There haven’t been many other comic related songs, but here’s a few that have cropped up now and again.

Paul McCartney’s – Magneto vs. Titanium (Yes, THAT Paul McCartney)

Jim’s Big Ego – Ballad of Barry Allen

3 Doors Down – Kyrptonite

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Posted by on November 10, 2011 in Comics, Music, NaBloPoMo


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The Chinese Room

Back in 1980 John Searle wrote an essay on Artificial Intelligence on a concept he called “The Chinese Room”.  This essay was written a criticism of the Turing test as the De facto test for machine intelligence and brings into question whether something can truly be considered intelligent if it appears to be so to the outside world.

The concept goes like this:  Imagine yourself or another person with no knowledge of the Chinese language is placed in a windowless room with the walls covered in papers with Chinese writing on them (appearing as meaningless squiggles to anyone who doesn’t know better).  They’re given a book that explains, in English, that papers will be posted under the door with Chinese characters written on them, then by consulting the rules laid out in the book and the papers on the wall they write some more Chinese characters on the paper and post it back through.  To anyone on the outside it would seem like the person inside the room can understand Chinese perfectly well, despite them not knowing a single word.  Taking this analogy further if time were somehow sped up inside the room then the responses could come back instantly, perhaps even being verbally returned rather than physically returned.  In the field of Artificial Intelligence this would be a machine, perhaps one human in appearance who responds to forms off interaction verbally, physically and emotionally in a way that would not be distinguishable from a real living human.  But ultimately it’s still a machine that’s only responding according to the way it’s programmed.  Even if some of ways it would respond are randomised to give it more of a personality, perhaps responding more aggressively or even hesitating on certain subjects, it’s still just a machine.  Even if it were to further develop it’s own programming too handle new situations out would be doing ask based on the algorithms it was originally designed with.  So the question becomes where do you draw the line between a very well programmed machine and actual intelligence?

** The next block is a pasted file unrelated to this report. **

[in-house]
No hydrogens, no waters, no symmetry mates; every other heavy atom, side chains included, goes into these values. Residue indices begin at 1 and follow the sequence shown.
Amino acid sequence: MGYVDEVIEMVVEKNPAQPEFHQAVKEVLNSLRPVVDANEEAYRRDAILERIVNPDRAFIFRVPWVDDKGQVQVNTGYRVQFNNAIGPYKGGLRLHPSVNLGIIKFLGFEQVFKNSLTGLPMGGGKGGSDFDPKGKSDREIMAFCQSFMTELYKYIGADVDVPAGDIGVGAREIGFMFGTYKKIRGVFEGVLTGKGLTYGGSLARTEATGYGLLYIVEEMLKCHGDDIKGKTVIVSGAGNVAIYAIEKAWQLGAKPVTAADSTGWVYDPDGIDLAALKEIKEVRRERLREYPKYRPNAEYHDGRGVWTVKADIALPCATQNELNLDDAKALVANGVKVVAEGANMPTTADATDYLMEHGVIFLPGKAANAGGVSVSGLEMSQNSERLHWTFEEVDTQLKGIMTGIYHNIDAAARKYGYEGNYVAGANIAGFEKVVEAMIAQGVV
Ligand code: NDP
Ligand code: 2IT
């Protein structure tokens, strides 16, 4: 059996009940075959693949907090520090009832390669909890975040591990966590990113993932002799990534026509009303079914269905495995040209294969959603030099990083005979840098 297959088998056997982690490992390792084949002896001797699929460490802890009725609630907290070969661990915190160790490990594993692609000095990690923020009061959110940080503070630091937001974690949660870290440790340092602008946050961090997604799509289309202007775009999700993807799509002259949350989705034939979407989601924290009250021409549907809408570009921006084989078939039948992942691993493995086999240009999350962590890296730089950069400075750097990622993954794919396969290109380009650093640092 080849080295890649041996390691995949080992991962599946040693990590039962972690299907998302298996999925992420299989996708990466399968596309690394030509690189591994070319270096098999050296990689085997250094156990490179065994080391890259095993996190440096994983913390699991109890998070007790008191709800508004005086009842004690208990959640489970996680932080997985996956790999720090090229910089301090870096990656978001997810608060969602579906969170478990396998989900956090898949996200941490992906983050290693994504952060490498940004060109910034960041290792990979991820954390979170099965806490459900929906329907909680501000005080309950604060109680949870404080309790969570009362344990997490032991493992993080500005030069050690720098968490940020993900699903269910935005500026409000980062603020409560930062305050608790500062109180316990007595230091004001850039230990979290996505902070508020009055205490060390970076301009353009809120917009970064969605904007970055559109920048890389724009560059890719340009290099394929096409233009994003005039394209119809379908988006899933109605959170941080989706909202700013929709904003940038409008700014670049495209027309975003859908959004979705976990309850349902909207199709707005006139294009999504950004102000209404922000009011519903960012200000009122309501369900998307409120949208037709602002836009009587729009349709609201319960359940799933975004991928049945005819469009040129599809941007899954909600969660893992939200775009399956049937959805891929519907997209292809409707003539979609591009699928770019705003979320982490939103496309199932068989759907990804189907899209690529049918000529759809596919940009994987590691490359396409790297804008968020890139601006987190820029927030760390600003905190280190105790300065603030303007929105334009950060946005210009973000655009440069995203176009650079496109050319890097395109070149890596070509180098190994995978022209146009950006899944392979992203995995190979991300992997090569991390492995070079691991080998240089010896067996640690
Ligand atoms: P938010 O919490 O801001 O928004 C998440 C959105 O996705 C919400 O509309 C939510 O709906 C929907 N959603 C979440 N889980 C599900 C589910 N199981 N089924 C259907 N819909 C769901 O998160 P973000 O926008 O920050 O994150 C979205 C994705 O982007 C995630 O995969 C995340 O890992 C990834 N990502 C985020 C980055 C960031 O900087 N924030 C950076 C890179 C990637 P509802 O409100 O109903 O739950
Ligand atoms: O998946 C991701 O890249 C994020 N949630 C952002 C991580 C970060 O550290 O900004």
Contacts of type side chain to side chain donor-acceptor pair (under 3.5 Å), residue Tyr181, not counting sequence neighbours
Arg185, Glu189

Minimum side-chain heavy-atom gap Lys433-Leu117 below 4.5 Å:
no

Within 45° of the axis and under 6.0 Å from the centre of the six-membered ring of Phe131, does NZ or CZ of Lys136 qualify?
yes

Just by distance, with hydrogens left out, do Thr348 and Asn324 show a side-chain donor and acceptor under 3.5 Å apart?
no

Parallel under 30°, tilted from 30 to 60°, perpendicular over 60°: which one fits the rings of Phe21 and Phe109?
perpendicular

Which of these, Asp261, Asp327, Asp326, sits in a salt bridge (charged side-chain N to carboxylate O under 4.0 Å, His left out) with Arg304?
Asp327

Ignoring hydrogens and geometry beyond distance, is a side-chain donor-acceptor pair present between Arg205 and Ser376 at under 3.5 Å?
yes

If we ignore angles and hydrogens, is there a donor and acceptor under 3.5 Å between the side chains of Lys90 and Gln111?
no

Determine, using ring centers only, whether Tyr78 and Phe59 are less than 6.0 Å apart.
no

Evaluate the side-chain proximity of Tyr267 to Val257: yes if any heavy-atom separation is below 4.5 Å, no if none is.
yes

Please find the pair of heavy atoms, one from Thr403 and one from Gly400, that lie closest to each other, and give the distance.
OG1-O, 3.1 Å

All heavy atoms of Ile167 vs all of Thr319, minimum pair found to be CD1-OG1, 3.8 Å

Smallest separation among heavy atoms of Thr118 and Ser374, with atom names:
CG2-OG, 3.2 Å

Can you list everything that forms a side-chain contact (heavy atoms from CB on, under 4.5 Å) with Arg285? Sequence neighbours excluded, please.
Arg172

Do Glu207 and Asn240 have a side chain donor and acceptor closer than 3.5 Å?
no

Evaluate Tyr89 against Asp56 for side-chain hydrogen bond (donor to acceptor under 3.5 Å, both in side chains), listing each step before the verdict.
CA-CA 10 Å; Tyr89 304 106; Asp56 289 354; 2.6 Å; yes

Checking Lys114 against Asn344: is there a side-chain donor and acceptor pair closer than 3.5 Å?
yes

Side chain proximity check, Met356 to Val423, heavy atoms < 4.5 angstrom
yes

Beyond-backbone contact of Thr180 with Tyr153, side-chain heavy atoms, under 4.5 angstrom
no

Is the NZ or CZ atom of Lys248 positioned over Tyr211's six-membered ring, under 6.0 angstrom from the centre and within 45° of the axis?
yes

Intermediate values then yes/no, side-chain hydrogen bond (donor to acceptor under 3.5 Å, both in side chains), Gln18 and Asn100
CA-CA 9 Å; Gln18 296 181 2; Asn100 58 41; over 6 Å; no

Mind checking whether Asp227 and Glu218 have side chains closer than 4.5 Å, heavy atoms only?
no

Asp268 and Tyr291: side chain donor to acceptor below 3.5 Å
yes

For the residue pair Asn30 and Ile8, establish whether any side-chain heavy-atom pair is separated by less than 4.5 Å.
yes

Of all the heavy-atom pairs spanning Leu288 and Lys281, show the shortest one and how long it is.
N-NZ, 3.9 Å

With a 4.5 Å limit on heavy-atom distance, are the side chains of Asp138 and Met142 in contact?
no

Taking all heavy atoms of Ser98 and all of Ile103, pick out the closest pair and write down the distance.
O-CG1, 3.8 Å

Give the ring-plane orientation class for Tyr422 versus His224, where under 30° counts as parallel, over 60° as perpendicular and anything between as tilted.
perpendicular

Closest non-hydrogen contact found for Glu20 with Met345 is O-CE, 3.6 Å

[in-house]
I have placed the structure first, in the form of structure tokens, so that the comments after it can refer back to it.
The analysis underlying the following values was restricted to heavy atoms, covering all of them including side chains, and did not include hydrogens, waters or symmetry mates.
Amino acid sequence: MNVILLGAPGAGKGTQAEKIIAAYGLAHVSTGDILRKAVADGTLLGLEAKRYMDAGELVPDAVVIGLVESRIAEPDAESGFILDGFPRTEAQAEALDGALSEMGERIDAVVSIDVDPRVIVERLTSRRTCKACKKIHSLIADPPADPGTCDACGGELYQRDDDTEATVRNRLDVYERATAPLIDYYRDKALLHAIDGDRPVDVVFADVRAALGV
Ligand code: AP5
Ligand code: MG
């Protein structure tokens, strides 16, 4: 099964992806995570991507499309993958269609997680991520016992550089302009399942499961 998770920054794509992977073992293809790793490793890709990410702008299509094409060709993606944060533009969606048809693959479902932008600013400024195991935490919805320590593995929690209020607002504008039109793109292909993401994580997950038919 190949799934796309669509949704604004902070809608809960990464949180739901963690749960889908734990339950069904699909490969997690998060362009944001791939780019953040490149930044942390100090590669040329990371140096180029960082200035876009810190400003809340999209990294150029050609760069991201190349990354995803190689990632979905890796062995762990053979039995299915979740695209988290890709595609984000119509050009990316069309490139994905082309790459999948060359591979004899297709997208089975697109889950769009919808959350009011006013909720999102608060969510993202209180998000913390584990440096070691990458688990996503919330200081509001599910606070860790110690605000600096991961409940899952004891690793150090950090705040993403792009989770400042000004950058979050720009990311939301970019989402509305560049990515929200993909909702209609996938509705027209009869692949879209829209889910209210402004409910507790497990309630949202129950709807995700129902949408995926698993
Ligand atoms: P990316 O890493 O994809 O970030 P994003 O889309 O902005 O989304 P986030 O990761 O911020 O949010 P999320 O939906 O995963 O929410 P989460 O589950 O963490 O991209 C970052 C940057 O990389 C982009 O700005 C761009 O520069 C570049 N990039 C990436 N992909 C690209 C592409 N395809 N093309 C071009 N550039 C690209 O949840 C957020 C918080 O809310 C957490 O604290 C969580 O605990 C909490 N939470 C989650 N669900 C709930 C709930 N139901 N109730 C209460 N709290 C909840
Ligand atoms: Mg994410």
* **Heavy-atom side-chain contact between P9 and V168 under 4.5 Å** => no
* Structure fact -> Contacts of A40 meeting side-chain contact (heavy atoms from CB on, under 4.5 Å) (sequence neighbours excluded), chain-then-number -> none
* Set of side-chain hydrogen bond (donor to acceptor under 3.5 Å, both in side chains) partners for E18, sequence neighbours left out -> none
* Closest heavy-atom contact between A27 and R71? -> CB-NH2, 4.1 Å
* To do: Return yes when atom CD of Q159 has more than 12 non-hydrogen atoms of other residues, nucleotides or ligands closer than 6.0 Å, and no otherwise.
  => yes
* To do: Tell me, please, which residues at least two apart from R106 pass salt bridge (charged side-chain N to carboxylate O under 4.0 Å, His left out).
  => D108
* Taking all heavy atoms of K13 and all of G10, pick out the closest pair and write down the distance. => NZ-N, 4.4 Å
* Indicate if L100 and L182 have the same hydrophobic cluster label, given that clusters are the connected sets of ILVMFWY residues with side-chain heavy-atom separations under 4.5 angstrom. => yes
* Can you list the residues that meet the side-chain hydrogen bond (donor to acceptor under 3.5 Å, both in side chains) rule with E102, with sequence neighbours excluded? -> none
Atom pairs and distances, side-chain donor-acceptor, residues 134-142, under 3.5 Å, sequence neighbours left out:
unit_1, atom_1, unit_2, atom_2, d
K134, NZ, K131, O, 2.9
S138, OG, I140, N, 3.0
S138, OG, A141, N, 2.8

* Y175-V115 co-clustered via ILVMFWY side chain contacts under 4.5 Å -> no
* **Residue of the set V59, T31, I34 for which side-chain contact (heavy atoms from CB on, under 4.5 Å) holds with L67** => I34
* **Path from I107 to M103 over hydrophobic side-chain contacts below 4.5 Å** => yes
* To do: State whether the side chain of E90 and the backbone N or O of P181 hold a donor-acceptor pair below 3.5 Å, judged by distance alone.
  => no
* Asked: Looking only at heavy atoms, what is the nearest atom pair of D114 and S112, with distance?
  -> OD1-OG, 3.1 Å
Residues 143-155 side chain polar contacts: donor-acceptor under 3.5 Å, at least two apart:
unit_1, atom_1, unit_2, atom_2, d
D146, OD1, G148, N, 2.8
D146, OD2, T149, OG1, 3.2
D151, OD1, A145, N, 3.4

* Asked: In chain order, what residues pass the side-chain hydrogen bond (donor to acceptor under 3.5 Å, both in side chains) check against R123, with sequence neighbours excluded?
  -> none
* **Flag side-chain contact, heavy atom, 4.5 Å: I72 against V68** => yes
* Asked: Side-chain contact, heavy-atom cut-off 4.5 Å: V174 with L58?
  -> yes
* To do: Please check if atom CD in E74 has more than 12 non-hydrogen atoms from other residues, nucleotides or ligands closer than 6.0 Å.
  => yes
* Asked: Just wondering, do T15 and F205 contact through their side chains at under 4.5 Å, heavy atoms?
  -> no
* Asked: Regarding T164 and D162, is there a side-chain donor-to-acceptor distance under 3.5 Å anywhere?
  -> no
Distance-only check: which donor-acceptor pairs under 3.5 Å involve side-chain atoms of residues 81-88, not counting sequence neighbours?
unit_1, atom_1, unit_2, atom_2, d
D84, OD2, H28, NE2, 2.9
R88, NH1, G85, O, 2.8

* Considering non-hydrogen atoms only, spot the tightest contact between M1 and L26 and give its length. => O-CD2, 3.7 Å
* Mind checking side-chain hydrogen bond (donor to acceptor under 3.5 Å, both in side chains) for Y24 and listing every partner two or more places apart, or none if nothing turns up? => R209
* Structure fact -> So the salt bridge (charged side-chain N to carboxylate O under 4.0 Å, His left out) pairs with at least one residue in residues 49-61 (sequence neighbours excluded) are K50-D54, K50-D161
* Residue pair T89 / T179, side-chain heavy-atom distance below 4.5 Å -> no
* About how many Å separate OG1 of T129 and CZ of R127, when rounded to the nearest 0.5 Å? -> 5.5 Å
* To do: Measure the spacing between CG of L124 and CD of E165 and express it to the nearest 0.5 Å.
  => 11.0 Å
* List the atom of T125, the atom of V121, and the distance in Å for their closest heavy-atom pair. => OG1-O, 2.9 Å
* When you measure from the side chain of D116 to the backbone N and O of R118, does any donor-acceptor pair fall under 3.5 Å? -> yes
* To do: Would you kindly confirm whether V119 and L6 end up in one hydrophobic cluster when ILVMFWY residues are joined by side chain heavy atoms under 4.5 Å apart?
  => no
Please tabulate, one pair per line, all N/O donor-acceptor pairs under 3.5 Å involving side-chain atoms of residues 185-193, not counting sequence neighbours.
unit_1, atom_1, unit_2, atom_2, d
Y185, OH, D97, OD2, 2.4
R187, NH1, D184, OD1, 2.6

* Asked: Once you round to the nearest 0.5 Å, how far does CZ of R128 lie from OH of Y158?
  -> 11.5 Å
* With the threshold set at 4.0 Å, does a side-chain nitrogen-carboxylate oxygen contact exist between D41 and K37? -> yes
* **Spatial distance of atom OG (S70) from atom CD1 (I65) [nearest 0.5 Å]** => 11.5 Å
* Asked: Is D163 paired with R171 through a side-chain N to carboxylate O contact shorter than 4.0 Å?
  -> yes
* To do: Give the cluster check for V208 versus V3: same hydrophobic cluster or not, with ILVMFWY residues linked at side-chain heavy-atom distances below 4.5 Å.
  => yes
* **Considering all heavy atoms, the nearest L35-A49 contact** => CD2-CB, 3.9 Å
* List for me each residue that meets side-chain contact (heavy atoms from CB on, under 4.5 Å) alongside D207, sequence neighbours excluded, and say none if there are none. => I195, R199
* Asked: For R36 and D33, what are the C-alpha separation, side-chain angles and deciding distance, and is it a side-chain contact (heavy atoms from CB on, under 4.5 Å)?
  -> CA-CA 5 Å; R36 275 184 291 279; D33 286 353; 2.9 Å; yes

Let’s try another angle.  Suppose someone suffers from an accident in later life and has to relearn how to perform basic actions and social interaction based on a set of rules to ensure they’re responding correctly.  Can they no longer be considered intelligent, or even human, just because they’re following a set of rules on how to behave?  When you think about it, apart from the accident, this isn’t too different from how a lot of us behave anyway.  We all decide how to act based on the situation we’re in and who we’re with at the time.  And we generally act differently at work compared to when we’re at home or with a close group of friends.  The line may be hard to narrow down, but when it gets to the point where something appears intelligent to every form of perception I’d say there’s little reason why it shouldn’t actually be placed on the same side of the lines as ourselves.

This is a subject that’s popped up fairly often in fiction, although it’s rarely referred to by name.  The idea of a machine that wants to be human has become quite the popular trope and has appeared in Isaac Asimov’s novella and short story “The bicentennial man” which tells the story of a robot which fights for the right to be recognised as human.  More recently there’s the reimagining of Battlestar Galactica and constant prejudice against the Cylons who aren’t considered by the humans no matter how human they appear.  On a slightly different note there’s Peter Watts novel “Blindsight” which is high Sci-Fi story about aliens, spaceships, vampires and intelligence told from the perspective of a man who had half his brain removed and is himself a sort of Chinese room.